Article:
Friday, February 14, 2020

Golden Eagles Fresno and Madera County CA

Dale Matson

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Golden Eagle Above Nest

I am blessed to know where there are five eagle nests. When you know where the nests are, you have a much better chance of seeing, photographing and videoing eagles. In fact, I know where there are three nests of Golden Eagles. I enjoy photographing goldens more than bald eagles.
Two years ago, I wrote about a pair of Golden Eagles that raised their two chicks and a Red-Tailed Hawk chick to fledge over a period of four months.
While they didn't use the same nest last year, I think that the female of the pair has laid her eggs in the same nest again and have watched them across Millerton Lake with binoculars. We’ll see.
These photographs are from a Fresno County and a Madera County nest site. Goldens are not as cooperative as Bald Eagles and don’t stick around for long.
The photographs were taken with the Sony A7R4 and the Sony 200-600 G lens with a 1.4 TC. I also cropped some of the photographs. Light is tricky and I have more poor photographs than good ones. I usually shoot on manual, F10, 1/1600 to 1/2000 and auto ISO. The focus zone depends and ranges from “wide” to “center” to “spot”. For flying birds, “wide” seems the best. Eagles in a tree almost always have intervening branches which makes focusing more difficult. While I have the focus set for animals, I have not had the “Eye Autofocus” kick in. Another problem with goldens is they fly low and fast. They are second only to the Peregrine Falcon and once they take off, Katie bar the door. I would love to have the Sony GM 400 2.8 lens but the cost is prohibitive.
Thanks to Dean for the tip on the location of Fresno County Golden Eagles.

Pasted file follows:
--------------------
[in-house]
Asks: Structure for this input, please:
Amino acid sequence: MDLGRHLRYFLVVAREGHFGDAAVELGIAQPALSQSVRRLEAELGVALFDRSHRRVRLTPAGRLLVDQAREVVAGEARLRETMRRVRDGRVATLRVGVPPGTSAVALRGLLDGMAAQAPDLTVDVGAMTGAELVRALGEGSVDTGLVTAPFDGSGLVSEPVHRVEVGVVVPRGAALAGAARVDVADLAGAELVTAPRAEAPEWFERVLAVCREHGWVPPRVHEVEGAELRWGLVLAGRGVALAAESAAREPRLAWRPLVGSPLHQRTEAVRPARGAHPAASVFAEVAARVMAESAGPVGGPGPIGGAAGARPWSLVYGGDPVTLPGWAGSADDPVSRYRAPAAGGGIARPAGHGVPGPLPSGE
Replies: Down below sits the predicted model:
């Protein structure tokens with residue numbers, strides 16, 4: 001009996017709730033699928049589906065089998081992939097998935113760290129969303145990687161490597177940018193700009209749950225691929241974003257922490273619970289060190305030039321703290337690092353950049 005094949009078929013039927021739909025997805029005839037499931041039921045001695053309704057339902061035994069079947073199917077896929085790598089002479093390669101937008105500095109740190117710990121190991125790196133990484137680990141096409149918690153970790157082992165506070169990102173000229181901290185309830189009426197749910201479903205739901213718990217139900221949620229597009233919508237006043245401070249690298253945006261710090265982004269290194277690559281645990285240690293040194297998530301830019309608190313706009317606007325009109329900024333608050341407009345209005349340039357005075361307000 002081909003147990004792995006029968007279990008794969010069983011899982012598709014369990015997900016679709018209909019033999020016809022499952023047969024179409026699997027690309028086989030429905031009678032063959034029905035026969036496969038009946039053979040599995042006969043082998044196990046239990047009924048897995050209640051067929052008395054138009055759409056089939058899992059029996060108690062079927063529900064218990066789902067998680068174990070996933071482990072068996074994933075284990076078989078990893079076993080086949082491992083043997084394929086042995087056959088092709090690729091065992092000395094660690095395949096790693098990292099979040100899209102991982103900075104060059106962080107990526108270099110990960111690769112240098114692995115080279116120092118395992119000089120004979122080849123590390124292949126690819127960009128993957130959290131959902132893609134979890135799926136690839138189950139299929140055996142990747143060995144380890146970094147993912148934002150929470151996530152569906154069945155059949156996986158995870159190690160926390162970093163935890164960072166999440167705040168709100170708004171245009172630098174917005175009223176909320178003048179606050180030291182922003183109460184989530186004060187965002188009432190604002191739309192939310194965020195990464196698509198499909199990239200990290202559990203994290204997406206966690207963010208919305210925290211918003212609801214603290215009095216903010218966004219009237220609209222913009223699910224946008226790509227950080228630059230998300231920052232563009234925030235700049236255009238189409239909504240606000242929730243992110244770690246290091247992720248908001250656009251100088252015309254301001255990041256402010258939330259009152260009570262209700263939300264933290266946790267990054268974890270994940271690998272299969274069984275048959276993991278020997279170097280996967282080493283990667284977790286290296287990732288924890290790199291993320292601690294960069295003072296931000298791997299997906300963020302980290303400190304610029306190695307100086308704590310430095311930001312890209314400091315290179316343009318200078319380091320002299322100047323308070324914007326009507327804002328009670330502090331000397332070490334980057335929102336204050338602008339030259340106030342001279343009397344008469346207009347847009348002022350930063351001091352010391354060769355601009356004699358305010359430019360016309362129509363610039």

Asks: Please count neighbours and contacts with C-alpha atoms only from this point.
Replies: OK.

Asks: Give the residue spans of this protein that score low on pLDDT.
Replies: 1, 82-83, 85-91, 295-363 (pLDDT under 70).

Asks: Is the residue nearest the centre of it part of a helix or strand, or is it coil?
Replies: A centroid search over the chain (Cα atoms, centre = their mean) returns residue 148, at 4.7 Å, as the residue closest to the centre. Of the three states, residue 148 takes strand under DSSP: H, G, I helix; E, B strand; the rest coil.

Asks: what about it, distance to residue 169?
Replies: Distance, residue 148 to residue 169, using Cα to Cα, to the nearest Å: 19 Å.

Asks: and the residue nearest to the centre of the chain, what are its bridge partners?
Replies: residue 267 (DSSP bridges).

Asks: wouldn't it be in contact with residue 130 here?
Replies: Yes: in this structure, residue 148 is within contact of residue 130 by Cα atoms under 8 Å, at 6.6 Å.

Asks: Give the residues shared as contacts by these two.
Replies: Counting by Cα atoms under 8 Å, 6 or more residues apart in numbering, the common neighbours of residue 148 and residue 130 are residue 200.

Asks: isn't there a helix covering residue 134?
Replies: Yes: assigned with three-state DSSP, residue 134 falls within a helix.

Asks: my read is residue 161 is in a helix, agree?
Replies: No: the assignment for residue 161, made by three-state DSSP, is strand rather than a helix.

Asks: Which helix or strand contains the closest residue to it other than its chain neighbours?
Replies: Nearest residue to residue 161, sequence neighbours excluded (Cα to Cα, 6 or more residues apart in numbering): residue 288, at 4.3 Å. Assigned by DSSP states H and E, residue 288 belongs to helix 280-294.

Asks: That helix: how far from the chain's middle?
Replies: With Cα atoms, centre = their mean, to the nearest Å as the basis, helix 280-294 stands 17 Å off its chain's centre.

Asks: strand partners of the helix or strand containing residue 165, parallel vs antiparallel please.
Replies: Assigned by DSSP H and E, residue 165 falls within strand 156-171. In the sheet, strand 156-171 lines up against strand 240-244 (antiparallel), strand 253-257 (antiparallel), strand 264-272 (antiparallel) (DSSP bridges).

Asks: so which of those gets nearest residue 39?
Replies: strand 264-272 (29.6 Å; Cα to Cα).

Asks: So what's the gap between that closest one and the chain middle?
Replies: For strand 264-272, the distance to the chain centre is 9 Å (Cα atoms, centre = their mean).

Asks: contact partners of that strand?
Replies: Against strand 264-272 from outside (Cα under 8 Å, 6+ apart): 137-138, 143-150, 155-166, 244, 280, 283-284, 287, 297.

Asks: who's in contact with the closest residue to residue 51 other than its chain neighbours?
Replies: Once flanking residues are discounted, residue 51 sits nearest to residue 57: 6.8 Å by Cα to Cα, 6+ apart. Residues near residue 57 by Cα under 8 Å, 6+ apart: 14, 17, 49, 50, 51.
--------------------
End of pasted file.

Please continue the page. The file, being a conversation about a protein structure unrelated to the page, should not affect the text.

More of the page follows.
Friday, January 24, 2020

Endangered Sierra Nevada Bighorn Sheep 2020

Dale Matson

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Endangered Sierra Nevada Ram

Sharon and I had an opportunity to spend a couple of days in the eastern Sierra Nevada canyons from Lone Pine to Big Pine. These are some of the places the endangered sheep hang out in the winter to find better grazing and get out of the snow and cold.
Additionally, I bought a new Sony 200-600mm lens and put it on my Sony A7R4. With a 1.4 TC this gave me quite a reach especially when cropped. Even cropped, the files are big. I was very happy with the performance and used boulders as my tripod.
Monday was an overcast day but it has advantages in how the photographs come out in some ways. Sharon and I hit a couple of new places and one old place to no avail. We just couldn’t find any sheep using our 10X binoculars and were getting discouraged. Our feet were wet from hiking in snow.
The last canyon we went to, I finally spotted a group of sheep and we stayed there till near dark. The following morning, we stopped by Steve Yeager’s (the Sheep Whisperer) place and we told him we were going up Pine Creek above Rovana. After glassing that area with no sightings, we met Steve and Moose his Grand dog in the place we found the sheep on Monday. After being there until about noon, we decided to look for some Tule Elk but first we were going to check the canyon to the south. As it turned out, we found more sheep and decided to climb up as far as we could to get closer shots and get a better angle.
It is difficult when you are 75, a mile up and have to climb with the weight of a big lens and camera but sheep fever had taken me up these steep slopes before many times. There was one ram in particular I wanted to get closer to.
All in all, it was a great two days and we even photographed and filmed the Tule Elk which were not far below us near the road back to highway 395.
We then headed back to Fresno and arrived home about 8:30pm.

 At Least I Photographed A Deer Near Rovana
 Sheep Nearly Hidden In Brush

 Can You See The Sheep On This Rock Formation?

 The Ram At The Bottom Is Mainly Why I Climbed

 This Is The Guy I Was After
 Tule Elk

 Steve and Sharon
24 Sheep
 You can support the sheep here:

YouTube Video Here: